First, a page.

Shaped like a giant wooden conical musical instrument, the Poem Pavilion gathers words donated by each visitor and uses an advanced machine learning algorithm to generate the cumulative collective poem which illuminates its twenty-metre diameter facade.
It is the first time a UK pavilion has been designed by a woman since the inception of Expo in 1851. Devlin conceived the building to express Britain as a cultural gathering place, a meeting and melding of ideas and languages from across the globe. Twenty five million visitors are projected to pass through Expo during its six month run, and each will be invited to donate a word at the ‘mouthpiece’ of the pavilion, then enter within the heart of the instrument where they will be surrounded by donated words glimmering in illuminated Arabic and English, underscored by a soundscape gathered from multicultural choirs across the UK. As visitors emerge through the facade of the pavilion, they will pass through the twenty-metre diameter composition of collective text: a new poem generated every minute.
Devlin collaborated closely on the designs with structural engineers, Atelier One, environmental design consultants Atelier Ten, executive architects Veretec and creative agency Avantgarde. Guided by the engineers’ expertise in sustainable construction, the team chose cross laminated timber as the pavilion’s prime material. Sourced from sustainably managed European forests in Austria and Italy and championed by engineers as a sustainable alternative to concrete and steel, the cross laminated timber is crafted around LED tiles engineered in Belgium and manufactured in China, installed by local British and UAE teams, while the poetry generating algorithm has been developed by creative technologists in California. The pavilion has been conceived as an expression of cultural inclusivity and its execution is a feat of European and international collaboration.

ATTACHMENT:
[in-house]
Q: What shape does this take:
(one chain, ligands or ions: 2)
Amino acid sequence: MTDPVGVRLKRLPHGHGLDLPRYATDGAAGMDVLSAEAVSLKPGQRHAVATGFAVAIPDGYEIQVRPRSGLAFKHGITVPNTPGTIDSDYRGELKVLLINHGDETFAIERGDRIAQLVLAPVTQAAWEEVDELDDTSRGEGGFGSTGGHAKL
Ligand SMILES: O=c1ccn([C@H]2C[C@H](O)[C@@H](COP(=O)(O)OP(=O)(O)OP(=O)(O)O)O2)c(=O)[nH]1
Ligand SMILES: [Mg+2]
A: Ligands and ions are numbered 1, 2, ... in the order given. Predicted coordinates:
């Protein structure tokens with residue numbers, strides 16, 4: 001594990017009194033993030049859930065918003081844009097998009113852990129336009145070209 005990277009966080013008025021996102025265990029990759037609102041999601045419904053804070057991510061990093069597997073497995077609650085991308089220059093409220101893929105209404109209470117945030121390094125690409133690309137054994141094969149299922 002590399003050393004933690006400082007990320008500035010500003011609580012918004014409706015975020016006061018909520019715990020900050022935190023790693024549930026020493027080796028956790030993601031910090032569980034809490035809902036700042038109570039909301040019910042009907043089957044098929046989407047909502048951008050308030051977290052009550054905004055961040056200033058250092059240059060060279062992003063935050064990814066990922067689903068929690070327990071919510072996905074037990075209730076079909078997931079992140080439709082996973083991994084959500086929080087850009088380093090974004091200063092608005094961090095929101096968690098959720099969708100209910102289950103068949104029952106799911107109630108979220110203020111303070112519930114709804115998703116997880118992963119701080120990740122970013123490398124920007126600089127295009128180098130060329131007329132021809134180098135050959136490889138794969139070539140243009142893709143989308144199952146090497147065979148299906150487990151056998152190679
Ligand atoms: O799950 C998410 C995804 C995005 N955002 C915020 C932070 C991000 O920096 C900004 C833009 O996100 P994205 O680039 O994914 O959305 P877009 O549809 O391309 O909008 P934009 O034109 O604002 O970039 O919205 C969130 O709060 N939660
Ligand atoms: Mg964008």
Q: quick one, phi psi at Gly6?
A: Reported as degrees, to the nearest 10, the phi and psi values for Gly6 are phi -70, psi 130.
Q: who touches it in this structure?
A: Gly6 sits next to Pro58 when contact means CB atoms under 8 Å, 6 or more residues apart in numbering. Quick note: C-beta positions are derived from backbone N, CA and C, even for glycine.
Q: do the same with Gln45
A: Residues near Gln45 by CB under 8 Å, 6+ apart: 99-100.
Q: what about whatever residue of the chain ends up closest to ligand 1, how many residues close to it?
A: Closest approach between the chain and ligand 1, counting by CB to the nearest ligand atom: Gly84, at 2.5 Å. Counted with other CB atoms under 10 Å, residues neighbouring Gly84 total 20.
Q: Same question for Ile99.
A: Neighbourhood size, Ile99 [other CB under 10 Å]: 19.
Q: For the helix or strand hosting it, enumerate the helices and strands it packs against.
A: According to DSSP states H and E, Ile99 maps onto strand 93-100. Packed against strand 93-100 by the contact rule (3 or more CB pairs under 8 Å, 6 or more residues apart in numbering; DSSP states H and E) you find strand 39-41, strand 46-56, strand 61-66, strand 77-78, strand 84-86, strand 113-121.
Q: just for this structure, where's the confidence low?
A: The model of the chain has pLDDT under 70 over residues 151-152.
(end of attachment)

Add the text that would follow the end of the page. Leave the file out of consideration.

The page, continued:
Devlin’s exploration of machine generated poetry began with PoemPortraits at the Serpentine Gallery in 2016 in response to curator Hans Ulrich Obrist’s invitation to consider the idea of a ‘social sculpture’. In 2017 she continued her explorations at the Victoria & Albert Museum, turning their annual artist-conceived Christmas tree into a ‘collective carol’. In 2018 visitors fed words into the mouth of one of the lions in Trafalgar Square and watched the collective text projected up the length of Nelsons column.
The text generated by the Poem Pavilion uses a machine learning model called GPT-2, a large language model defined by 1.5 billion parameters. GPT-2 was originally trained on a broad spectrum of internet text, and for this project it was fine-tuned on a diverse and carefully curated selection of over five thousand poems—comprising over two hundred thousand lines of poetry refined over months of iterative feedback from a diverse team of poetry curators.
“Algorithms are among us, they are an ever-growing part of our culture, their output is based on what they are trained on and who trains them. The pavilion is at once an expression of the ideal of a culturally diverse Britain that I grew up with, tempered with our growing awareness of the part algorithms play in shaping the future of our culture.”